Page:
Does Gartner do anything valuable? I suppose there's the chuckle we get from reading their "analysis" - on the other hand, corporate management listens to them (which raises interesting questions all by itself, but never mind...). So what set me off this morning? Have a look at their latest predictions in ComputerWorld:
LAS VEGAS -- In an eyebrow-raising forecast, Gartner Inc. researchers said they believe that as many as 50% of the IT operational jobs in the U.S. could disappear over the next two decades because of improvements in data center technologies.
Donna Scott, a Gartner analyst, said IT workers face a situation similar to that in the manufacturing field, which has lost jobs over the past several decades as automation has improved. Similarly, standardization of IT infrastructure, applications and processes will lead to productivity improvements and a major shift in skill needs, she said.
"There will be more room to automate, and that means there will be reduced labor cost," said Scott. "This is a long-term change."
Hey Donna - care to pull up some analyst predictions from 1984 and see how prescient they really were? Do you realize that you're trying to make predictions about 2024 here? I have another question as well - Who the heck cares? Are there really any corporate IT managers who are planning 20 years out? Heck, take a look at Frank Hayes dissecting this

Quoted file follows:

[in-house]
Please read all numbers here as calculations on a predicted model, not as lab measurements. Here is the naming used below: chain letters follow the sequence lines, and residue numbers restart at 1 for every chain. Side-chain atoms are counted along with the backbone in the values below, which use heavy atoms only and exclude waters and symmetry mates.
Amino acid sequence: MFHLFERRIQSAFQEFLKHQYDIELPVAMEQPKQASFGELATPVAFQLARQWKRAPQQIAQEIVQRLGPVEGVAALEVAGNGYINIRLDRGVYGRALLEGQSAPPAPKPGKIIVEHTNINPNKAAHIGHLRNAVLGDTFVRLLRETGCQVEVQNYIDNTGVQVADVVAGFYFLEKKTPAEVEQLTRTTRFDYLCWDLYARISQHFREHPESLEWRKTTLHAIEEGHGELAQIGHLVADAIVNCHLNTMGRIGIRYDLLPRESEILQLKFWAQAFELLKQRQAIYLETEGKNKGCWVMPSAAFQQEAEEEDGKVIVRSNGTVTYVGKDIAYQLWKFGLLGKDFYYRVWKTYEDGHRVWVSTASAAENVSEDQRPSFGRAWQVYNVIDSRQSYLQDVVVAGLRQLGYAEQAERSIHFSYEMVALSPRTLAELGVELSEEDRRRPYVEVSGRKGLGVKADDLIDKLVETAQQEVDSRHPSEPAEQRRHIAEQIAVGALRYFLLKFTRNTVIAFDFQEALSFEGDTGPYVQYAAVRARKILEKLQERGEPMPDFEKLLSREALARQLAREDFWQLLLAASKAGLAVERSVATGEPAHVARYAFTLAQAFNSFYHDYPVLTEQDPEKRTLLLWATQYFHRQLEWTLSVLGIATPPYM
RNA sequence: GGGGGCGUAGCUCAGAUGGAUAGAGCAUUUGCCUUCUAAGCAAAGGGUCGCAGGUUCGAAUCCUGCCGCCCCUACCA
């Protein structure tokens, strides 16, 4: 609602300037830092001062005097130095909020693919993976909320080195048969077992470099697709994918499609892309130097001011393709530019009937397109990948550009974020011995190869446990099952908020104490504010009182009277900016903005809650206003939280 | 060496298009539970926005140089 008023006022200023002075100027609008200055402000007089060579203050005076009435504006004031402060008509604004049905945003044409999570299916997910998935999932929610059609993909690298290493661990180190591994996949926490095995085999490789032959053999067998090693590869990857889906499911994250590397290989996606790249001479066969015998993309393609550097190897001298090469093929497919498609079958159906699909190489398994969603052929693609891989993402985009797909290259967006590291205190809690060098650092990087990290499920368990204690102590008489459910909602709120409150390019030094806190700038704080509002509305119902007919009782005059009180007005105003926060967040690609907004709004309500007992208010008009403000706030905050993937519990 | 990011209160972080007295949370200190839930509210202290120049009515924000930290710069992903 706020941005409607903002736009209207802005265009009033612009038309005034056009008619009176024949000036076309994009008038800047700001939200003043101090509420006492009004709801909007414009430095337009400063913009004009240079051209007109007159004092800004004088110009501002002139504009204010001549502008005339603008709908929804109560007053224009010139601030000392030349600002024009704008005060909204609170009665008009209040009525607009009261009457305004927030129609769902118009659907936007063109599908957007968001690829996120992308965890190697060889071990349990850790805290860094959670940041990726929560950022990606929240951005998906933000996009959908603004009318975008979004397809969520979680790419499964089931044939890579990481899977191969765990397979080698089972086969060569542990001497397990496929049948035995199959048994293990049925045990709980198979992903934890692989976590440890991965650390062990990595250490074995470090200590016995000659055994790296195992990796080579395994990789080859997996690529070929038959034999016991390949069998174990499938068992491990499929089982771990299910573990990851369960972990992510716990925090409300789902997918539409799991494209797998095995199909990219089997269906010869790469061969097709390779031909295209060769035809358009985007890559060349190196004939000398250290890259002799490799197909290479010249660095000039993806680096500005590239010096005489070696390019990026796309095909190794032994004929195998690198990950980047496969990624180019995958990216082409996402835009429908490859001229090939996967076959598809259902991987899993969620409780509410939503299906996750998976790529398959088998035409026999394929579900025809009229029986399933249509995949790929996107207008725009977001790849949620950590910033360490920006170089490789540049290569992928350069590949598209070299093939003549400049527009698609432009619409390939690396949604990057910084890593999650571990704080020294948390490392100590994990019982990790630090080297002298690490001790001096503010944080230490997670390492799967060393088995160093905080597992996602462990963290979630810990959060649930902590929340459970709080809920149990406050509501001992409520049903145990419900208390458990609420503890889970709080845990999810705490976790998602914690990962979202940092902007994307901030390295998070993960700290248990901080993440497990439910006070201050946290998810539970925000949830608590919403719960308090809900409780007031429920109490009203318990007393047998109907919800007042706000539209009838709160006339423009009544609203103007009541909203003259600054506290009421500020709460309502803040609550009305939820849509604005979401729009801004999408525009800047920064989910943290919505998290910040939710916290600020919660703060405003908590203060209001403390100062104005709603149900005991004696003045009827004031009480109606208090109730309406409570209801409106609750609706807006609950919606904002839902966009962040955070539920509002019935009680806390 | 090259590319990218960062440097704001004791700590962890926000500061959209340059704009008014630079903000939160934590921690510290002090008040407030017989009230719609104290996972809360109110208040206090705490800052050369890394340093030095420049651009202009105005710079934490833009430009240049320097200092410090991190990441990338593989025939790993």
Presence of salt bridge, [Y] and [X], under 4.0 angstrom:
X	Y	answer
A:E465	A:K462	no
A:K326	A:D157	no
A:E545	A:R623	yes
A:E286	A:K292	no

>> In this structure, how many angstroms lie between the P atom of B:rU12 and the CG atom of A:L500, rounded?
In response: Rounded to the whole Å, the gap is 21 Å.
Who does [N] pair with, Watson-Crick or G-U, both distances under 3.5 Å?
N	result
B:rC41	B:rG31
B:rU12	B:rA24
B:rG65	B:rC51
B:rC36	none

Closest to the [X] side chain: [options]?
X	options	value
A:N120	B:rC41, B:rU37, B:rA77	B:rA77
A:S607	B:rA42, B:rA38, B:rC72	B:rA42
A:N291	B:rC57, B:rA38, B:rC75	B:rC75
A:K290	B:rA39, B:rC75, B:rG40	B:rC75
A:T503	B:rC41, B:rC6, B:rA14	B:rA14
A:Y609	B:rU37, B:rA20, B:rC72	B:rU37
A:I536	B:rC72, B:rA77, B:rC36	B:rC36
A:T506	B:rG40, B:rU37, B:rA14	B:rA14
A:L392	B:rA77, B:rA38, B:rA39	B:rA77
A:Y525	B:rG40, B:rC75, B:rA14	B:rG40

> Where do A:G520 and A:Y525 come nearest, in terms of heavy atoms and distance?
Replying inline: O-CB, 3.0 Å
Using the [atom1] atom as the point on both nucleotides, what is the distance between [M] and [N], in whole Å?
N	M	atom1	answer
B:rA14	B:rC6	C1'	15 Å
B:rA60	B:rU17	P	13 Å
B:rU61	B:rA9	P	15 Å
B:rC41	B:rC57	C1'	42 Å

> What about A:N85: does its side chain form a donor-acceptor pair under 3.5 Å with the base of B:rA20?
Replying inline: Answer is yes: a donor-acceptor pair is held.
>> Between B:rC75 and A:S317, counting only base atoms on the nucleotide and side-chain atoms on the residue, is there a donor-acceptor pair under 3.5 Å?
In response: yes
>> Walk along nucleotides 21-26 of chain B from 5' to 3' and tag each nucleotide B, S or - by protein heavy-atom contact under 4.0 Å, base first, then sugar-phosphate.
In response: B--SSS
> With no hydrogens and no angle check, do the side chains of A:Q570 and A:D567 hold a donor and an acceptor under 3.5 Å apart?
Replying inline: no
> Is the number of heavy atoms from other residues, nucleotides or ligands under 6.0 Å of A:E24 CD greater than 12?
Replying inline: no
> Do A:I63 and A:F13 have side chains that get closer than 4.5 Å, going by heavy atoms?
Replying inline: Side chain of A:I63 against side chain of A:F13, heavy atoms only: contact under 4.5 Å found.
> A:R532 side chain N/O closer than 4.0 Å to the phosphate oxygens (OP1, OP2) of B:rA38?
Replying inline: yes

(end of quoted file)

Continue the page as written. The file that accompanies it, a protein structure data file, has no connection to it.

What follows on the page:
According to analyst Donna Scott, speaking at Gartner's annual data center conference in Las Vegas, up to half of all IT operational jobs could disappear over the next 20 years because of improved data center automation.
Got that? Gartner's telling us what we can expect for data center staffing circa 2024. That'll come in very handy for the next quarterly IT budget adjustment, won't it?
It's easy to make fun of a prediction like this. We know the numbers aren't meaningful, because no one can gin up useful numbers two decades in advance. Just looking a few years out, predictions get shaky.
For example, only three years ago, Gartner Chairman Michael Fleisher predicted that half of the household-name IT vendors wouldn't exist in three years. That pronouncement made for some big headlines in 2001, just as Hewlett-Packard was swallowing Compaq. But it's not a prediction you'll see Gartner bragging about these days.
You want more money for critical projects? Take whatever you pay Gartner, and apply it to something useful. Heck, just take those bills out to the parking lot and burn them. You'll still lose the money, but at least you won't be making stupid decisions based on the loss...